A number of studies showed that parent–child relationships were generally better in intact families than in non-intact families (13, 26–28), and the negative influence of divorce on parent–child relationships can last for a long period of time (29, 30). Additionally, Kalmijn’s (30) research concluded that although children’s relationships with fathers and with mothers are both affected by divorce, divorce is likely to increase inequality in the relations with parents. In a divorced family, a child may have a poor relation with one parent but keep a good relation with the other parent. Kalmijn (30) interpreted that the inequality in the relations may be out of loyalty conflicts and compensation effects. In experiencing conflicts of loyalty, children may interact more with one parent and disengage from the other parent. Alternatively, one parent may invest more in a child when the relation between the child and the other parent deteriorates.
Fathers’ and mothers’ parenting in divorced families are likely to be different. Residential mothers are inclined to be more openly communicating with their children and more involved in monitoring and knowing their children, whereas residential fathers tend to have less custody stress and may have fewer problems with parental discipline and control (31). Furthermore, divorce tends to undermine opposite-sex relationships more than same-sex relationships. However, O’Connor et al.’s (32) study showed that father–son relationship was more conflicted than father–daughter relationship in non-intact families. In addition, non-residential mothers tend to have more frequent contact with children than do non-residential fathers.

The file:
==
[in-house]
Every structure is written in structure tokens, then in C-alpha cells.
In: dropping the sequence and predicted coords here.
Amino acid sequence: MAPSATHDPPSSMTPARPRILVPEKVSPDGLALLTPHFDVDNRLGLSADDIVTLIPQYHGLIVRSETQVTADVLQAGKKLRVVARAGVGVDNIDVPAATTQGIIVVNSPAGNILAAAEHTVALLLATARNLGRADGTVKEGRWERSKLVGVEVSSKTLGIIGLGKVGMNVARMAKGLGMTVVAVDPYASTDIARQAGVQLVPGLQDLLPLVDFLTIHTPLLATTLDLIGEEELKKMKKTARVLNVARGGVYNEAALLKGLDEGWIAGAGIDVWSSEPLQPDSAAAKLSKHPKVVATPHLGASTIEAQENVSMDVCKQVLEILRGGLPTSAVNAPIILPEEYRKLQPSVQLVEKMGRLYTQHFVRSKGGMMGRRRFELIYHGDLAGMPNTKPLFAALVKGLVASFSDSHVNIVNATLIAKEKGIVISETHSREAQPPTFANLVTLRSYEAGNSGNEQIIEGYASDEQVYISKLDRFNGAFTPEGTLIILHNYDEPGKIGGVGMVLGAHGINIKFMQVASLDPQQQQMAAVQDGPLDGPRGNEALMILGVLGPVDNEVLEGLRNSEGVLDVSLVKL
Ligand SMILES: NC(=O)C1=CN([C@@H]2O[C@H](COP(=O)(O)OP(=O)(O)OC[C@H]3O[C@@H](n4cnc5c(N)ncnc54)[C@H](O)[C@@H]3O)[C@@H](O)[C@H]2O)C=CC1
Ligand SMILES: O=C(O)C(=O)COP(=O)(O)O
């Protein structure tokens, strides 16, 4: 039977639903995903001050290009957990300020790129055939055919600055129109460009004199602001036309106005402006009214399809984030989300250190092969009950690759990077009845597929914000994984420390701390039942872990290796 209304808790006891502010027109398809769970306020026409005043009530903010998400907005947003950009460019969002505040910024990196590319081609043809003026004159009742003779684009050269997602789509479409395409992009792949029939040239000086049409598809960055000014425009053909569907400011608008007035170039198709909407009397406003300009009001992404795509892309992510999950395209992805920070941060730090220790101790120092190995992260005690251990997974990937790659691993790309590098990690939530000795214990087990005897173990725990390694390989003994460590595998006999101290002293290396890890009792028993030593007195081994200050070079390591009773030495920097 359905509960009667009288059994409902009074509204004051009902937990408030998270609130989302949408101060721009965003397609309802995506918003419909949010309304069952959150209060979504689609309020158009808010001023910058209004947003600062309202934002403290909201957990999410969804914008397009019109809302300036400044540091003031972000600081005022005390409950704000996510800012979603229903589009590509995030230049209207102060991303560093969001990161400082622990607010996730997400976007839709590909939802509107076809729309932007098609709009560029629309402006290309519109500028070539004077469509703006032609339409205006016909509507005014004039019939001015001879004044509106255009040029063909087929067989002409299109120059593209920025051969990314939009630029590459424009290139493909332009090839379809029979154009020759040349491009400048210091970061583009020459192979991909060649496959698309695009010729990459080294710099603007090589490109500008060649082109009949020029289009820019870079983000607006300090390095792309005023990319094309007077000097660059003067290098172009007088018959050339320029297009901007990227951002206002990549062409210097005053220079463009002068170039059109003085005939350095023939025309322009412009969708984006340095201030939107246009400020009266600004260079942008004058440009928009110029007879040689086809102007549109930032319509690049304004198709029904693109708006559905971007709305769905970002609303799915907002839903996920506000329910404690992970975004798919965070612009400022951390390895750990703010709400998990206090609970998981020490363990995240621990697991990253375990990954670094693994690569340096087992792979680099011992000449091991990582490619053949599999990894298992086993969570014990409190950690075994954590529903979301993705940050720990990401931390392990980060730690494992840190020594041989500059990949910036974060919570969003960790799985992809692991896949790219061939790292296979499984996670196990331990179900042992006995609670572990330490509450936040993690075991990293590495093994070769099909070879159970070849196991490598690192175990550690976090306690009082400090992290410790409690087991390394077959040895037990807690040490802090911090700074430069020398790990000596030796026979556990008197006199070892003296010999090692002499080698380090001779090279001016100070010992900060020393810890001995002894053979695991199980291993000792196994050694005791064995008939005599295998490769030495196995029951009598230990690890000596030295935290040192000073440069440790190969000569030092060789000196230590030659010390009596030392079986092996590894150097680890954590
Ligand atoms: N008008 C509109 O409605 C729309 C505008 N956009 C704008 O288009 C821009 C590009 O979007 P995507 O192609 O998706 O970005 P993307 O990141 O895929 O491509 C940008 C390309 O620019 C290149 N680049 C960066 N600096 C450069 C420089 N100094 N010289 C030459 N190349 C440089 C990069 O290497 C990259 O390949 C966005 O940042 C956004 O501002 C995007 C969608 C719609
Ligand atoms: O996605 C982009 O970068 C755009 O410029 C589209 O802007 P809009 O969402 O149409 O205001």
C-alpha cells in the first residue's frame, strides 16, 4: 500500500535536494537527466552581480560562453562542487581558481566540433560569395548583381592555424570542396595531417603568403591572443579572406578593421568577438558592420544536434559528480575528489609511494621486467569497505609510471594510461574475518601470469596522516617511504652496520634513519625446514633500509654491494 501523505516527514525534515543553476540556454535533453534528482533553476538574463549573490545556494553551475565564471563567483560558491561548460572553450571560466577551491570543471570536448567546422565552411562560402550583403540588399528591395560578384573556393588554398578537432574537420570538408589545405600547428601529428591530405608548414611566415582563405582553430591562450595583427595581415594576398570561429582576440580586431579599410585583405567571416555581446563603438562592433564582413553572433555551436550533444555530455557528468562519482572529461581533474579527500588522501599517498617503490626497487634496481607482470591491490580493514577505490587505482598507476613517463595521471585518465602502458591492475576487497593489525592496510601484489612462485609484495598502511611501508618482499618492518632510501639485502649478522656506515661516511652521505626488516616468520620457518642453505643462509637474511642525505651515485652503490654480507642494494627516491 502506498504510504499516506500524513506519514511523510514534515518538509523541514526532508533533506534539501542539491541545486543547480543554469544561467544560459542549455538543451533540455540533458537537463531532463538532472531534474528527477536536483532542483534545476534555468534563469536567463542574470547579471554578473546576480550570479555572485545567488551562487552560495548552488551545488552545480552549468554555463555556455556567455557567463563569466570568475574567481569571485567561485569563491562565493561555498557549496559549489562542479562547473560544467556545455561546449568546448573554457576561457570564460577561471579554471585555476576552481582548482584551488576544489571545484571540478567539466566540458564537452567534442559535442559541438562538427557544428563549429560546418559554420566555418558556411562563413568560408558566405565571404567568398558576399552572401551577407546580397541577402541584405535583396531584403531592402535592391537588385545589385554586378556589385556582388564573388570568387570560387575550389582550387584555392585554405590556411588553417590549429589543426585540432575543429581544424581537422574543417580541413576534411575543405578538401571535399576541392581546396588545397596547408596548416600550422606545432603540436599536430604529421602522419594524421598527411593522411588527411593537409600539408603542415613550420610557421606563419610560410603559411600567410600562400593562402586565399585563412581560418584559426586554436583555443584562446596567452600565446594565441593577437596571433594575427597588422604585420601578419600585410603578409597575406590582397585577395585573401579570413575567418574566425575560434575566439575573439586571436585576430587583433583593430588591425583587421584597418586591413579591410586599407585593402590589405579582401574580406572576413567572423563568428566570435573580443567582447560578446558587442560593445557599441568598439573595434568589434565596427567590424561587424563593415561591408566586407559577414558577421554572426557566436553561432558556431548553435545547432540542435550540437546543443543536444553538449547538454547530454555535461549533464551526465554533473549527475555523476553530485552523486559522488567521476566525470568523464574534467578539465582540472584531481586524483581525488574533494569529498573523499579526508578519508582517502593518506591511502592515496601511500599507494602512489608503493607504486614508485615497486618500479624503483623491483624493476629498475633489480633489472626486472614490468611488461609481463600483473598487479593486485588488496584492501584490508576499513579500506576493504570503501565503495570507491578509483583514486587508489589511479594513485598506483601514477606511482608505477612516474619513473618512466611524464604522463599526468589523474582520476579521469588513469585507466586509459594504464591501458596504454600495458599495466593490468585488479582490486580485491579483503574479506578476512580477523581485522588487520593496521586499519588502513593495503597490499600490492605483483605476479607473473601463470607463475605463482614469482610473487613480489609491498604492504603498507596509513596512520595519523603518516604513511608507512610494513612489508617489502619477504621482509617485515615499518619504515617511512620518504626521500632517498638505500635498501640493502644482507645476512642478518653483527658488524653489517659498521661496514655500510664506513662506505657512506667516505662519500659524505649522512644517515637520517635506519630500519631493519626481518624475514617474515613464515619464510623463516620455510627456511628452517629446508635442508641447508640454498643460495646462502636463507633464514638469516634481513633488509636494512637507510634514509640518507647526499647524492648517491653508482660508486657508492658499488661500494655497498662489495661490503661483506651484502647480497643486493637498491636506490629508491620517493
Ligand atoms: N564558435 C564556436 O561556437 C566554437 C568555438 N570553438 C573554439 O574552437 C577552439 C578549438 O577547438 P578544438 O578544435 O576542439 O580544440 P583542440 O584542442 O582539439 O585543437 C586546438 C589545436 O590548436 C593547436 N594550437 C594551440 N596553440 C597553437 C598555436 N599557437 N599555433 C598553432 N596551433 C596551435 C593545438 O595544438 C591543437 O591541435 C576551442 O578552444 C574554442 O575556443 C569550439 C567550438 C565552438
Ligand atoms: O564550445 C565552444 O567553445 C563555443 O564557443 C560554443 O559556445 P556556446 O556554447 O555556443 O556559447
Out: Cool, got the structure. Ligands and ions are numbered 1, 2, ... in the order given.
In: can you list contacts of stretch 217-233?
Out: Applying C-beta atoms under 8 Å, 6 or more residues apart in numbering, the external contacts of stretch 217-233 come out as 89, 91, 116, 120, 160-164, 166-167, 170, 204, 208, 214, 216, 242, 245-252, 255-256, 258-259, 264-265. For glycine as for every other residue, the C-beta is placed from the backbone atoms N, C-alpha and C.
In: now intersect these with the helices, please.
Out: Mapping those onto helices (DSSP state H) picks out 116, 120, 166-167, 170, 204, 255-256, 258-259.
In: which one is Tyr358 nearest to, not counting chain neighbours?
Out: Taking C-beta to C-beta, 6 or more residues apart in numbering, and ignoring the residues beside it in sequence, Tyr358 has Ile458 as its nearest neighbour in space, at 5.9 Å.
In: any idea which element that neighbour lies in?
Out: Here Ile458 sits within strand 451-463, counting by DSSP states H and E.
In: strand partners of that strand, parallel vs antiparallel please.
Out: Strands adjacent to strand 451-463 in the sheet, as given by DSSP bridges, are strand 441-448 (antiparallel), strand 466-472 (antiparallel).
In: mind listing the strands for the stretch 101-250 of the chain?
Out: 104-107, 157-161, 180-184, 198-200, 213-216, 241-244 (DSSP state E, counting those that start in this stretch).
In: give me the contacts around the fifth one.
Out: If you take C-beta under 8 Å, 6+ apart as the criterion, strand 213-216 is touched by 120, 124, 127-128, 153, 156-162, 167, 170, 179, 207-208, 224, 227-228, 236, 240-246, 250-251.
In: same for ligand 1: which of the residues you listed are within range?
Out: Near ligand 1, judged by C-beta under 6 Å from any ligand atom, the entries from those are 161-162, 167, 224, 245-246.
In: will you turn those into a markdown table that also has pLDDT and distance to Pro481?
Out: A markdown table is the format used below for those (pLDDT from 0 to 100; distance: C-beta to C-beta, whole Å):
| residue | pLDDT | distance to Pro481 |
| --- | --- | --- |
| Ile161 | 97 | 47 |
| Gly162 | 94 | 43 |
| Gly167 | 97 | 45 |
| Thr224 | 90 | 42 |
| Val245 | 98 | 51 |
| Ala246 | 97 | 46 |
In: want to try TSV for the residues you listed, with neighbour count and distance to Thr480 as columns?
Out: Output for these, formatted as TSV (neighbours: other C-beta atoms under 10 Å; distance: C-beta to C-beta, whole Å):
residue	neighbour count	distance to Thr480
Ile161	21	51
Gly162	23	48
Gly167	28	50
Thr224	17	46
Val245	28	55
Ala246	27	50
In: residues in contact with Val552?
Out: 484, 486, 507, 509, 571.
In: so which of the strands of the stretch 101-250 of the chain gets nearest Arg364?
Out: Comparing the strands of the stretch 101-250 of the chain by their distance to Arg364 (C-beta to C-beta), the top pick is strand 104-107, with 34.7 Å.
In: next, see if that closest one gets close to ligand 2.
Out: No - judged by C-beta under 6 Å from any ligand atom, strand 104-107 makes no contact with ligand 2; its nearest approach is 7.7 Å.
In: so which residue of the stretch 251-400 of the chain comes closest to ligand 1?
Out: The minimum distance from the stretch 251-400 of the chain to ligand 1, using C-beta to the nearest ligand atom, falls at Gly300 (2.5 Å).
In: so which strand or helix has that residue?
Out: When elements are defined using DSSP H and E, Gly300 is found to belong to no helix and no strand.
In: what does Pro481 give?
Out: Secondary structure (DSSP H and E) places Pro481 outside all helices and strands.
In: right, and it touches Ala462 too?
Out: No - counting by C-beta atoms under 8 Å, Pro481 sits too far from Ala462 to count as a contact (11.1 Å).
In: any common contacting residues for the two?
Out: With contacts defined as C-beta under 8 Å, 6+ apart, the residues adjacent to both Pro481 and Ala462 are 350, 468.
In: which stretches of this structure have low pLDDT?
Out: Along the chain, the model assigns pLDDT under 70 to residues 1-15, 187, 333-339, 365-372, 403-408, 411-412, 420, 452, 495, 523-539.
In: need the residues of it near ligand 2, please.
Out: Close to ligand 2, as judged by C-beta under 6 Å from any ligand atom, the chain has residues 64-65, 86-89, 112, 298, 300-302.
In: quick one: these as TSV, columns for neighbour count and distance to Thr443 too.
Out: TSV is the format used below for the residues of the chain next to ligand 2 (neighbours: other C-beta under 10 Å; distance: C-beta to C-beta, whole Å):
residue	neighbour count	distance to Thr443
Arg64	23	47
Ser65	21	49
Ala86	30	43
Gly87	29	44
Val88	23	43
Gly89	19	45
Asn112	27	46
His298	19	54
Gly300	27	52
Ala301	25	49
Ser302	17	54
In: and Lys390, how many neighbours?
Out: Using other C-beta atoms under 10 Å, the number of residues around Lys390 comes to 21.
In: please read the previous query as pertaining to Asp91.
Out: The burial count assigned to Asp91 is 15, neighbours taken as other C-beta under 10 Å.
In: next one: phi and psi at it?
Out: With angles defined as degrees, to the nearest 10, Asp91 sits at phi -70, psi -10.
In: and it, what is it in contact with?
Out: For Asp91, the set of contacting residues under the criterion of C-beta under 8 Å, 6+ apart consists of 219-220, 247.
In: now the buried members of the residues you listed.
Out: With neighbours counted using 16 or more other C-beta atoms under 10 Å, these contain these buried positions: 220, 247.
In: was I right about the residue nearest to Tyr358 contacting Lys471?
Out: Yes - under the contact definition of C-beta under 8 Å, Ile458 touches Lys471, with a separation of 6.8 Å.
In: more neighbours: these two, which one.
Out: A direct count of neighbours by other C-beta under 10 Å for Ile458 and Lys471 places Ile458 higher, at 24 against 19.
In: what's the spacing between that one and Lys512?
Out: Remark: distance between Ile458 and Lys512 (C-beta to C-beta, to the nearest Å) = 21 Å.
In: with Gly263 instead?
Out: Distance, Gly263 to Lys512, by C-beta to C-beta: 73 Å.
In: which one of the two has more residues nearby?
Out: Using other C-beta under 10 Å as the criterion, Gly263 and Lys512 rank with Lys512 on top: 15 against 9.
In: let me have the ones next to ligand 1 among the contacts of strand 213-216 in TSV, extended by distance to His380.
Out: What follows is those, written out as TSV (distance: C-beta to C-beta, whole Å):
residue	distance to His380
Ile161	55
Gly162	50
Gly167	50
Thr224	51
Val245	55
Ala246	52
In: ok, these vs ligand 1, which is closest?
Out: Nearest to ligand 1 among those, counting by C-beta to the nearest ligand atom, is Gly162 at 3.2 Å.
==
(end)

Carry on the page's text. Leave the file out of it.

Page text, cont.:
To summarize, the existing findings on the effect of family structure on family functioning and parental control are quite inconsistent. The inconsistency could be explained by the following reasons. First, these studies were conducted in different cultural contexts that may influence the associations between family structure and parenting processes. While most studies conducted in the Western context suggested that children in different types of families did not report different level of parental control (23, 24). Shek’s (13, 26) studies conducted in a Chinese context indicated that children in non-intact families reported weaker parental behavioral control and stronger maternal psychological control. Such difference may be due to the different cultural perspectives on marital disruption. In the Chinese cultural context, divorce is regarded as more negative and family intactness is considered to be more important than in the Western cultural context. This may result in different psychological states of divorced parents, which in turn affect parenting. Second, scholars inconsistently categorized cohabiting step-families. Some studies combined them with single-parent families, whereas others included them in two-parent families. The inconsistent classification of family types may lead to contradictory findings (21). Third, some studies did not examine paternal control and maternal control separately (23, 24). If paternal control and maternal control over their children are apparently different, children may find it difficult to answer the questions regarding parental control and parent–child relationships. As a result, some children may answer these questions mainly according to maternal parenting, whereas others mainly according to paternal parenting.